As fate would have it, I recently found myself as the front-seat-driver privy to five teenage girls in the backseat playing a game. The object was to talk about a given topic for one solid minute without saying the words “like,” “ya know,” or “whatever.” Topics ranged from the mundane (sweatshirts) to the icky (ear wax) and as they laughed their way through it, they all agreed that the game was surprisingly challenging. (I swear on my copy of Do you Speak American? that I did not put them up to this.)
Our Gen Z’ers have a lot to say, and an unprecedented number of social platforms to have their voices heard. But, in our increasingly digital world, their communication is happening in text, with their heads-down glued to their smartphones. And when it comes to face-to-face conversation, they are literally at a loss for words, and filling pauses with filler words.
Like, Ya Know, Literally: Too Many Vocal Fillers
You’ve no doubt been exposed to the mindless repetition of words peppering the speech of our Gen Z’ers: “like,” “ya know,” “so,” “okay, “totally,” “actually,” “literally,” “whatever!” Valley Girl Speak has not only made it into the 21st century, it has become even more contagious and pervasive.
We all want to speak in a way that compels others to listen. But when we insert too many “likes” and “ya knows,” we lessen our credibility and invite unnecessary judgment. Whether it’s a school presentation, debate, college interview, internship or job interview – or just engaging fellow students in class – sounding self-assured and speaking articulately is paramount to being taken seriously.
We need a better game plan – or more games and better strategies – to help our kids practice the art of conversation, modifying their speech patterns so the sound of their own voices don’t get in the way of their success.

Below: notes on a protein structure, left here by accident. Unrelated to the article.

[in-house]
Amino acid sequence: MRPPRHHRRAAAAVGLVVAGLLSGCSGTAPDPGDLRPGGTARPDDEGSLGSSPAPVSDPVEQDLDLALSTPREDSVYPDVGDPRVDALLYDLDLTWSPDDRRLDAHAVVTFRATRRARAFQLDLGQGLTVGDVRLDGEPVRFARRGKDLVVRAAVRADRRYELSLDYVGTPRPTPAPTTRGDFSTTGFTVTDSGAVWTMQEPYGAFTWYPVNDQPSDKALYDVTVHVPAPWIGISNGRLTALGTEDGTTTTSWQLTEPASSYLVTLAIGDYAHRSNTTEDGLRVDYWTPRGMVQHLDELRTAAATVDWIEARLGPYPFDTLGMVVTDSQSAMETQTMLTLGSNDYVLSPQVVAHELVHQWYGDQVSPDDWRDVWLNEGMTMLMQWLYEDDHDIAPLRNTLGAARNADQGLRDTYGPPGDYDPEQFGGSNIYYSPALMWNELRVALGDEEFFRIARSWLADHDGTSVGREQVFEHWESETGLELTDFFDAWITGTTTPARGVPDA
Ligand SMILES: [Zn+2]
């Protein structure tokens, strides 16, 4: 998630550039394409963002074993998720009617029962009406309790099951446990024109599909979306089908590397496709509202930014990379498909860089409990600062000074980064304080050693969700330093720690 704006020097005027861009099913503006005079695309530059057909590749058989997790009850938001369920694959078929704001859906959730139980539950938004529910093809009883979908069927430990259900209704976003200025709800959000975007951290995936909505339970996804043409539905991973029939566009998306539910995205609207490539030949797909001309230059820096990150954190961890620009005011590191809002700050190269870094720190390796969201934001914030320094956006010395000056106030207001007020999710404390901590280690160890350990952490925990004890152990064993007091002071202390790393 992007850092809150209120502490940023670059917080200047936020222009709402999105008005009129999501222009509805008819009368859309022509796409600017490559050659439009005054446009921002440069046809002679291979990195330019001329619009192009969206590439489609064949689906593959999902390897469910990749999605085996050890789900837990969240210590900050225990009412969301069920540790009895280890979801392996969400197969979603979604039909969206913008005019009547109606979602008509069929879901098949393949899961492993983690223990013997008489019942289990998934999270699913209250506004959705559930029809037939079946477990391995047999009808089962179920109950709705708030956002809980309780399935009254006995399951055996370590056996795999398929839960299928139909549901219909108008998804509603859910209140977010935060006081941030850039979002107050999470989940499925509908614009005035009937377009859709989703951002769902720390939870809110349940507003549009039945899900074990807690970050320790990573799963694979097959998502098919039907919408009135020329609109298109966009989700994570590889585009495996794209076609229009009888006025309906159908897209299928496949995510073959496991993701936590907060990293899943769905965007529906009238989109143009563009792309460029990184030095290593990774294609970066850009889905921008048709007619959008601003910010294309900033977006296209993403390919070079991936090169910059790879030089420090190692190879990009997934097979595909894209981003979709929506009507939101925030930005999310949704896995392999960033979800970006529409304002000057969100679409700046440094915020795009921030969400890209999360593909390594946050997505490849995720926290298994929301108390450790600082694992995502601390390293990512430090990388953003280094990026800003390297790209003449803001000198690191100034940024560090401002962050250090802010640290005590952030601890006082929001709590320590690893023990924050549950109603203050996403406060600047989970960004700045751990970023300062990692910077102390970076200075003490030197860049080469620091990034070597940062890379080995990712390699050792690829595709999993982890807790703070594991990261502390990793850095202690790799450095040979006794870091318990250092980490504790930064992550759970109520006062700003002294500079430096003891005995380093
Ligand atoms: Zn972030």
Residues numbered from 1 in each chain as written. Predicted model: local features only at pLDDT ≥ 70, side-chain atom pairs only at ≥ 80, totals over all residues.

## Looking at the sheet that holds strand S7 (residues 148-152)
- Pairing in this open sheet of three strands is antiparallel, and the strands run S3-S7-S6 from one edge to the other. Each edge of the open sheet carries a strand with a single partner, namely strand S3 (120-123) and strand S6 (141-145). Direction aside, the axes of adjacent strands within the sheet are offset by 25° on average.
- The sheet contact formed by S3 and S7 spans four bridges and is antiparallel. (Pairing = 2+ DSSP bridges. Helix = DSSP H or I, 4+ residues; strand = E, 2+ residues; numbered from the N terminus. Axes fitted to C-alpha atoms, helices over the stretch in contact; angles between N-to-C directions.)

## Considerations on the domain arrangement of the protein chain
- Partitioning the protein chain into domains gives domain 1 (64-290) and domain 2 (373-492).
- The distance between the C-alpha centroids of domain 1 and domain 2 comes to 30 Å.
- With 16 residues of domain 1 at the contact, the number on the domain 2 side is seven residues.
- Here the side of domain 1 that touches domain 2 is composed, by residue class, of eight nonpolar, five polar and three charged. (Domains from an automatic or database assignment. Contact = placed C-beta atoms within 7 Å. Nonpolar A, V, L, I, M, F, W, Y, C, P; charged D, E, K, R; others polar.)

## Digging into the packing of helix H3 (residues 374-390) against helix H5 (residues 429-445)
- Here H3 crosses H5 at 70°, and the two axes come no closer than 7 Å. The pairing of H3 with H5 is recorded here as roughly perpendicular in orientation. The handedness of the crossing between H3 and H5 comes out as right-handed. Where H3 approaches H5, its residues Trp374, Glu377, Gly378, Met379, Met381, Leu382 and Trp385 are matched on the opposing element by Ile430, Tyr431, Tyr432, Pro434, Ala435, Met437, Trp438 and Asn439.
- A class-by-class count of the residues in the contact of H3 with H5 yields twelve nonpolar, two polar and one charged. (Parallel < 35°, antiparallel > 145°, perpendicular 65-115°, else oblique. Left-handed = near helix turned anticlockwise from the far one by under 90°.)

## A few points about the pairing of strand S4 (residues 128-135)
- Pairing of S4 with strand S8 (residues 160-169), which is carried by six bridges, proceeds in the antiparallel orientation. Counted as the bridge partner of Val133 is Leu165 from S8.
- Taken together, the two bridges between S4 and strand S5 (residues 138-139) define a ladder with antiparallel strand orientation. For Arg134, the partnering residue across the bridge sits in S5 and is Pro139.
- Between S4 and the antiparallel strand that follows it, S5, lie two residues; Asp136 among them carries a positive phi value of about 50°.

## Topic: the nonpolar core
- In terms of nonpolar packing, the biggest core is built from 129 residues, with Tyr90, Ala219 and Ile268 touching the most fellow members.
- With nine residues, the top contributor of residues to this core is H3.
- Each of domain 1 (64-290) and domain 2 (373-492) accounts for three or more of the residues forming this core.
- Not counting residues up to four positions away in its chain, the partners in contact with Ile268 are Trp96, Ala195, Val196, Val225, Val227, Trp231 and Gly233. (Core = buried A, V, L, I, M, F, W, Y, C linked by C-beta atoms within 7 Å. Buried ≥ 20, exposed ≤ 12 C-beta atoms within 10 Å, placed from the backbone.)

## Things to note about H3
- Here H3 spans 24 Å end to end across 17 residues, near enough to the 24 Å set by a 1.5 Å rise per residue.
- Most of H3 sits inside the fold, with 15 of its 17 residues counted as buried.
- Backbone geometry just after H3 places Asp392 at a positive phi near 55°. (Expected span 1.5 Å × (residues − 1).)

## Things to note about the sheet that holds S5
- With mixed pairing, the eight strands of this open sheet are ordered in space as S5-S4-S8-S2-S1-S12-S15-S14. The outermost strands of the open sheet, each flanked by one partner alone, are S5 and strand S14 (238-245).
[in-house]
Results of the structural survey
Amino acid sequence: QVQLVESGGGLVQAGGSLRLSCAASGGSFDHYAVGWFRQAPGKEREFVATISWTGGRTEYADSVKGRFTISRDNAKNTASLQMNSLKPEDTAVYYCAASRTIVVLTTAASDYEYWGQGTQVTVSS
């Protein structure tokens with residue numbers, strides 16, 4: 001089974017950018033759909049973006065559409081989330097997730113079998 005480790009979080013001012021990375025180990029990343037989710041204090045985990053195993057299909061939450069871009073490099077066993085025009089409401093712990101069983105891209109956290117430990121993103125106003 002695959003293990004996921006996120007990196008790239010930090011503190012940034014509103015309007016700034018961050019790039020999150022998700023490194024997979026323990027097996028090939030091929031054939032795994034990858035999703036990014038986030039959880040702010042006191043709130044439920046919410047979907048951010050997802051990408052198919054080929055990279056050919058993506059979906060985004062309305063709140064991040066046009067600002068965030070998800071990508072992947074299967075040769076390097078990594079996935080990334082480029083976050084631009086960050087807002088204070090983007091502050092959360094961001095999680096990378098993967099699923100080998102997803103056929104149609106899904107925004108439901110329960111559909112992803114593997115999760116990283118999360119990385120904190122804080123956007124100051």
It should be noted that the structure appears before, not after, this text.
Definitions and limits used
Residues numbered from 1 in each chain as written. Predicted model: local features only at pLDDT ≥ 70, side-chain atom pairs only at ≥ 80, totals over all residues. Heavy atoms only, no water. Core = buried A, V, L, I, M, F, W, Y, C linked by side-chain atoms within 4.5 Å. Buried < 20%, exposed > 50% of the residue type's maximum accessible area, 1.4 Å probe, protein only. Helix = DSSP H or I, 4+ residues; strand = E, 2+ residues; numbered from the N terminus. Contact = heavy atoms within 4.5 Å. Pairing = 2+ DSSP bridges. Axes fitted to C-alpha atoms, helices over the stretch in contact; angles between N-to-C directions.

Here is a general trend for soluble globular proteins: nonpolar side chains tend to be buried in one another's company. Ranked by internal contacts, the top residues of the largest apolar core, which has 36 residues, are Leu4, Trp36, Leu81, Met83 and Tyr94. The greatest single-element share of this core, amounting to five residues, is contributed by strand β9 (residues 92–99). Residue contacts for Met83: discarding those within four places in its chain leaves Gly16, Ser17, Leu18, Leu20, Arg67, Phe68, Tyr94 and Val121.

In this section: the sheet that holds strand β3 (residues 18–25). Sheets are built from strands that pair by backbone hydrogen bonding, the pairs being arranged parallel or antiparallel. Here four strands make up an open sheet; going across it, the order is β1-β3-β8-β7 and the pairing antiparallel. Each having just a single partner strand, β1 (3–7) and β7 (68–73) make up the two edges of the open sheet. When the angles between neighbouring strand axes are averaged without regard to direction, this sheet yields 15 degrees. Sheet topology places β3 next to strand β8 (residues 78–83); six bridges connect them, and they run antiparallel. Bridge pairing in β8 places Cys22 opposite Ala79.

We Need Less Filler Words
According to Ita Olsen, recognized as one of the world’s leading authorities on human speech communications and founder of Convey Clearly, “Every person you know who is a great communicator worked on it. Why would we think we shouldn’t get better at communicating? It’s the one single pivotal thing that gets us what we need out of life! We take music lessons, we hire tennis pros, we go to the gym – we improve all aspects of ourselves. Why do we think we should be born an amazing communicator? We aren’t.”
Unfortunately, few things are more irritating, and met with more eye-rolls – from kids and parents alike – than constant verbal corrections. But, as parents, we have a responsibility. We need to help our kids speak articulately, with conviction, and without all of those filler phrases.
So, what are we parents to do?
We need to empower our kids to find their own authentic voice. We need to help them learn how to speak without riddling every sentence with filler words; to look a person in the eye; to shake a hand, to make a physical connection. And we need to provide the right tools to help them along the way. Mostly, we need to model good behavior ourselves.